ALERRT/Other Training Initiatives

ALERRT/Other Training Initiatives

In response to the Newtown, Connecticut school shootings, the FBI—with the Department of Justice’s Bureau of Justice Assistance—teamed up with the Advanced Law Enforcement Rapid Response Training (ALERRT) program, which was developed in Texas and supported by the state of Texas and is housed at Texas State University. ALERRT has trained more than 50,000 law enforcement first responders in a response protocol adopted by the FBI as the national standard for special agent tactical instructors. Many state and local police departments have also adopted it as a standard for active shooting response, ensuring law enforcement officers arriving on the scene understand how others are trained to respond.

Approximately 125 FBI tactical instructors from around the country were trained in the ALERRT protocols after attending its 40 hour train-the trainer course and are using what they learned to assist with the increased demand for the training by state, local, tribal, and campus law enforcement agencies.

ALERRT Training Seminar

In addition to offering ALERRT to first responders, FBI field offices are bringing law enforcement command staff together to discuss best practices and lessons learned from prior mass shooting incidents. These two-day conferences include discussions and instructions related to specific aspects of active shooter incidents, including pre-event indicators (i.e., behavioral analysis), complex crime scene management and evidence collection, crisis management, victim assistance, media matters, and improvised explosive devices. To date, more than 64,000 police chiefs, sheriffs, and law enforcement executives from state, local, tribal, and campus law enforcement have participated in these conferences, which will be held on an ongoing basis to ensure that the law enforcement community is prepared for future threats.

FBI field offices also host tabletop exercises—focusing on how to respond and recover from an active shooter incident. These exercises bring together our partner federal agencies, state and local law enforcement, fire services, emergency medical services, federal prosecutors, and district, county, and states’ attorneys.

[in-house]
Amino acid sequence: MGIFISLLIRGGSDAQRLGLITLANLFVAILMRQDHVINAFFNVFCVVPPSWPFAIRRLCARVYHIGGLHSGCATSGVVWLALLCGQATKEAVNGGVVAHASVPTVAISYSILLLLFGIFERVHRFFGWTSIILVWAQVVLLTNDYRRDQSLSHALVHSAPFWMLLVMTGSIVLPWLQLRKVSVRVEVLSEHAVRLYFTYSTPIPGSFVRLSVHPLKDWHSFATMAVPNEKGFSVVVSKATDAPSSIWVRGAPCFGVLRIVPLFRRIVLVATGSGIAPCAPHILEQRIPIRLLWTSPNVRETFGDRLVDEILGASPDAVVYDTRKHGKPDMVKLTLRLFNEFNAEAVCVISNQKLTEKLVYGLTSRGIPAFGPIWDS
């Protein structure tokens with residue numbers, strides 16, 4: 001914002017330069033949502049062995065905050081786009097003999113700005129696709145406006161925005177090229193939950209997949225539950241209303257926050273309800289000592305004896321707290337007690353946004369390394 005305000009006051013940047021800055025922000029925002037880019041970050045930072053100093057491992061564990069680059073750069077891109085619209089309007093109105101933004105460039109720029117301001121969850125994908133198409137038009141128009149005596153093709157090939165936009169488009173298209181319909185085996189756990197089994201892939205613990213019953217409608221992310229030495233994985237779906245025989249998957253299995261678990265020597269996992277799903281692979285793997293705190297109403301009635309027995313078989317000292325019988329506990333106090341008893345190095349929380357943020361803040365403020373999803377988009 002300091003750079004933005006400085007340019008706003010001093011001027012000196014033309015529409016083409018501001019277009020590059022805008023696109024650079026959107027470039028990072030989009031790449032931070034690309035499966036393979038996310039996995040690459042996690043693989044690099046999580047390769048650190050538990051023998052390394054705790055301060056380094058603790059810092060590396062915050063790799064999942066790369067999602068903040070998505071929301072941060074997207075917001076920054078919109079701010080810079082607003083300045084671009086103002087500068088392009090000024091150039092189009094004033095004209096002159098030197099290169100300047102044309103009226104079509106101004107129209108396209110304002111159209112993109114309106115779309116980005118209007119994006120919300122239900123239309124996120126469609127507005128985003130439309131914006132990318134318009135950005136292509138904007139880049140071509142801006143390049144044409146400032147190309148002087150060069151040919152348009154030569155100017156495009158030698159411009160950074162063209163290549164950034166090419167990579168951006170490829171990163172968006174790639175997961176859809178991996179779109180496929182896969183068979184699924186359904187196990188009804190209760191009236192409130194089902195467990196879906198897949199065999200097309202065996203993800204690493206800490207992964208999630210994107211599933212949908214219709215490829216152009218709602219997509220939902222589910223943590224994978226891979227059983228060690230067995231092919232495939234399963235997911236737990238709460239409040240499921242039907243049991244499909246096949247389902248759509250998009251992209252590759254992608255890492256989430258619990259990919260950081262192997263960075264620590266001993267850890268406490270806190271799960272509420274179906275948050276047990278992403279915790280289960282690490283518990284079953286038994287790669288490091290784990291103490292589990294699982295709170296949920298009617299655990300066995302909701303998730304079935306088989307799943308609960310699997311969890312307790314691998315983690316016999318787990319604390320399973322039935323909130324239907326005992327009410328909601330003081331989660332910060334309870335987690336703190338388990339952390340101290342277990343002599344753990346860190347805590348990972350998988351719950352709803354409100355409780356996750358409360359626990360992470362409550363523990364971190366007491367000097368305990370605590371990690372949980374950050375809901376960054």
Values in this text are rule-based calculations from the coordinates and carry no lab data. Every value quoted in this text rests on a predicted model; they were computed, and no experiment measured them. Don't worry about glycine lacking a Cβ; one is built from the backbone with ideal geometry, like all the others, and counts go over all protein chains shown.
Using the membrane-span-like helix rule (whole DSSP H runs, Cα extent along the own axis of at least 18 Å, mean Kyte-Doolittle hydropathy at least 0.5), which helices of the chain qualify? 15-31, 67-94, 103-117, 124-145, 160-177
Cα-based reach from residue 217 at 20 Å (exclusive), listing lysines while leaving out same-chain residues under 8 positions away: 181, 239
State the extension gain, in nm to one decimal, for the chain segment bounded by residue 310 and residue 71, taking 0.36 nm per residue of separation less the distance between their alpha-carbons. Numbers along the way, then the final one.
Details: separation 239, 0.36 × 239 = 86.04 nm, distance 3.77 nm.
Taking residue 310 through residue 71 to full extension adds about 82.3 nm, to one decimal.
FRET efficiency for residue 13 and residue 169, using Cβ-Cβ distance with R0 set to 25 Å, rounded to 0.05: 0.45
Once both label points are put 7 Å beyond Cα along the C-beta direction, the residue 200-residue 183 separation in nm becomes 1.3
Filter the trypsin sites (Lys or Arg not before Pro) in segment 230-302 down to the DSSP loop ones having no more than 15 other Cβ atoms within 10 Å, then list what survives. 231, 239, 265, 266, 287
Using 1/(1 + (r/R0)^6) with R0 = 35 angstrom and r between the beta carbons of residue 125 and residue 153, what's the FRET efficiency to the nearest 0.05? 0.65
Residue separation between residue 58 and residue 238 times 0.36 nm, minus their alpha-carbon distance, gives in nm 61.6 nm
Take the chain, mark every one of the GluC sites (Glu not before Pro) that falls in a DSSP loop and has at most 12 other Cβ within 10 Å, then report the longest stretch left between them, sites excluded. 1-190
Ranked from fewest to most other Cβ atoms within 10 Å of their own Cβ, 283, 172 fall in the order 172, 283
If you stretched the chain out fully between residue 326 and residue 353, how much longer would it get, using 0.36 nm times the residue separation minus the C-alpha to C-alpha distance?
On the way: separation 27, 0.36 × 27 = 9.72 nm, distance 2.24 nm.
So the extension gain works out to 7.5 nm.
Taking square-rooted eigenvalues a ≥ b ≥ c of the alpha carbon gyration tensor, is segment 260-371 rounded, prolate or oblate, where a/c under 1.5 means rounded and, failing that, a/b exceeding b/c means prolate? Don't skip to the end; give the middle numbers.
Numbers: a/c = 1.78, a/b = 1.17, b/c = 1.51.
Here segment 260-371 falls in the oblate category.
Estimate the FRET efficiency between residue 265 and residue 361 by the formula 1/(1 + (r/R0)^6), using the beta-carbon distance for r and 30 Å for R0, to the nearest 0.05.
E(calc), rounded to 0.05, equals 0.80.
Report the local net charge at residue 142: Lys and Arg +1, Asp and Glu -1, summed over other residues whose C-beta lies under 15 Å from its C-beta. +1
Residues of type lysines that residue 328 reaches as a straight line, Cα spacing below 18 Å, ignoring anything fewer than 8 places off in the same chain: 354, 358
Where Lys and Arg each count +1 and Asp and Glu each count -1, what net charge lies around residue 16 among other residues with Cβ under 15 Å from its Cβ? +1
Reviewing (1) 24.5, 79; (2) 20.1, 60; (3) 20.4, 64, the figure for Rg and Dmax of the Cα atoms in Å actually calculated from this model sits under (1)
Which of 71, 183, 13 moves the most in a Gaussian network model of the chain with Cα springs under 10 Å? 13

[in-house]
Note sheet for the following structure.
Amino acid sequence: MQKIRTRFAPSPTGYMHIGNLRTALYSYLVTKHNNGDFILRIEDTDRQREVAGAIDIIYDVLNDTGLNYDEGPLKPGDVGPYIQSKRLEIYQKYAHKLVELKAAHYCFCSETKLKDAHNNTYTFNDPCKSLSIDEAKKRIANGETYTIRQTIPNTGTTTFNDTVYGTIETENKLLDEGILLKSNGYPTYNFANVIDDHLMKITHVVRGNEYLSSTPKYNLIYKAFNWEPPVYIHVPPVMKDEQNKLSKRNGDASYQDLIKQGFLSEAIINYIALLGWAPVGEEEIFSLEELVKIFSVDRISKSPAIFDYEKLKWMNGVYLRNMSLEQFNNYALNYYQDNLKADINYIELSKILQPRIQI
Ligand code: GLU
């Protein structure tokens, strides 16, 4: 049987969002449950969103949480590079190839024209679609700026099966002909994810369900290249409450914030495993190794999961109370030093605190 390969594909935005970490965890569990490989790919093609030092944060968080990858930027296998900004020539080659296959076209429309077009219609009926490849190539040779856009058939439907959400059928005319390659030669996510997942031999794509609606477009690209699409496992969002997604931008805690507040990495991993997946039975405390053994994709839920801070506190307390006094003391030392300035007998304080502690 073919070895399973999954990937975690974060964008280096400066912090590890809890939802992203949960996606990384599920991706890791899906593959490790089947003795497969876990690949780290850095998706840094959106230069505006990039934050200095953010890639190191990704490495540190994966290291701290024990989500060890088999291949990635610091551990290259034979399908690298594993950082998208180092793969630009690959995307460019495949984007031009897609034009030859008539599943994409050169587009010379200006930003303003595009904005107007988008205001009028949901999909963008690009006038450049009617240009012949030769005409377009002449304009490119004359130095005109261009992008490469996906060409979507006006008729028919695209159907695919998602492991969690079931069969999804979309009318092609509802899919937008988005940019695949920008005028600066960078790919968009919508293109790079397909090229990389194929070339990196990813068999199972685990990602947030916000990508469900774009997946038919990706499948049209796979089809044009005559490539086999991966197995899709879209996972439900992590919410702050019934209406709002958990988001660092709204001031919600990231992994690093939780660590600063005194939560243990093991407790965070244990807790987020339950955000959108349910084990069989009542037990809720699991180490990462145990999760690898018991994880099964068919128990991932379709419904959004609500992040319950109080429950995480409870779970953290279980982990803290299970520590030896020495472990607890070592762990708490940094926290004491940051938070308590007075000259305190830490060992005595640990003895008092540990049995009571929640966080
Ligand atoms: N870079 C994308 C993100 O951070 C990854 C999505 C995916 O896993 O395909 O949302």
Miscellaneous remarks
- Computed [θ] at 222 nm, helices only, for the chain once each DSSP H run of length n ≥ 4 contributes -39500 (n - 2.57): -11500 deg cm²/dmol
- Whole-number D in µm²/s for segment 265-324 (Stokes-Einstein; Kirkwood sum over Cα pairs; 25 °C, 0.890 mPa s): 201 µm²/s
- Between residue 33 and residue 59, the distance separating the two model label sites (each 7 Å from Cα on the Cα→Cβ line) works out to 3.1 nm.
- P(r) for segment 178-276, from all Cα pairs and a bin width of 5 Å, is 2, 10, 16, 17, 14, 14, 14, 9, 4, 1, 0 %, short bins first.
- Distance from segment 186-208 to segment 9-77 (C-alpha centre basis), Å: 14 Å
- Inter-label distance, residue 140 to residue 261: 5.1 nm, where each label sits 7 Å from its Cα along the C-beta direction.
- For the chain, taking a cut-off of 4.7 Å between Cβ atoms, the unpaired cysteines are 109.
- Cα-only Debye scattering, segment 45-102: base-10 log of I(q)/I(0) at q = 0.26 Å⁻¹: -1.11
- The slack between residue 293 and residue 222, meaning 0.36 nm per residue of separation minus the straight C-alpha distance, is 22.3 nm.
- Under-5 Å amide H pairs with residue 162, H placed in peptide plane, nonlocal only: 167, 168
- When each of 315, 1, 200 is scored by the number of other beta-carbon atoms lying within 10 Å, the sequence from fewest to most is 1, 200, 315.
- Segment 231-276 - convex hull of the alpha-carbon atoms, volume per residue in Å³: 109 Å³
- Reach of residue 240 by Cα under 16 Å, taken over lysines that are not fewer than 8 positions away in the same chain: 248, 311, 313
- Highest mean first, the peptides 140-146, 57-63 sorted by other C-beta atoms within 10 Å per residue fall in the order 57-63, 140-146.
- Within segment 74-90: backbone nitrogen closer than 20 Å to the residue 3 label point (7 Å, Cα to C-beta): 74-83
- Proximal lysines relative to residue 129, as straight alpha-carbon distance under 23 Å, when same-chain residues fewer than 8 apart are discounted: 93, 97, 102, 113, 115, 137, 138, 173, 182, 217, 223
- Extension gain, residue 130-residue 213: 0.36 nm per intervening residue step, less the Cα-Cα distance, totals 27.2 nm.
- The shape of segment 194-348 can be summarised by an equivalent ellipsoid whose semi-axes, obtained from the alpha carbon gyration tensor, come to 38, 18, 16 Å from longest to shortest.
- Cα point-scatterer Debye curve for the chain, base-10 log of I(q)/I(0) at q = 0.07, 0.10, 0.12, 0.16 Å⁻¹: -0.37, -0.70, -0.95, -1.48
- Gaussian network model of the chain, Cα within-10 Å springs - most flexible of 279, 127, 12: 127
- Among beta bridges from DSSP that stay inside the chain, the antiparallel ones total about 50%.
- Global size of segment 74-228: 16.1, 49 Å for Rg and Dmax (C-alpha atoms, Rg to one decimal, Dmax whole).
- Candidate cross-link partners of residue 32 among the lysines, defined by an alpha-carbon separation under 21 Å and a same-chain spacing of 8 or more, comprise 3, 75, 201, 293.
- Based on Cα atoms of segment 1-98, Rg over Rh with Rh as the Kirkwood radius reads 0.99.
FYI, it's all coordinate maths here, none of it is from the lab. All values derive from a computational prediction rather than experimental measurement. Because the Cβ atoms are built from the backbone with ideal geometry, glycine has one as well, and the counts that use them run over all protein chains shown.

In the News
Active Shooter Study Cover (Angled Graphic) The FBI has released a study of 160 active shooter incidents that occurred between 2000 and 2013 throughout the United States. Details
FBI Atlanta hosts Active Shooter conference for best practices, services available.
Attorney General Holder discusses FBI Active Shooter assistance to law enforcement.
Law enforcement shares findings of the investigation into Washington Navy Yard shootings.

For the Public: Responding to an Active Shooter Crisis Situation

This video, recently produced by the Houston Mayor’s Office of Public Safety and Homeland Security, dramatizes an active shooter incident in the workplace. Its purpose is to educate the public on how to respond during such an incident. Warning: The initial sequence in this video may be disturbing.

- Watch Video


For Law Enforcement
L.E.E.P. SealThe FBI’s Law Enforcement Enterprise Portal (LEEP) is an important element in the effort to provide access to tools and resources for law enforcement, intelligence, and criminal justice communities by using single sign-on technology. A primary LEEP component—the Law Enforcement Online (LEO) website—offers a variety of active shooter materials for law enforcement agencies and other first responders to help ensure preparedness for these types of events, including crisis resources, law enforcement training, assistance on dealing with victims, and a directory of FBI field offices.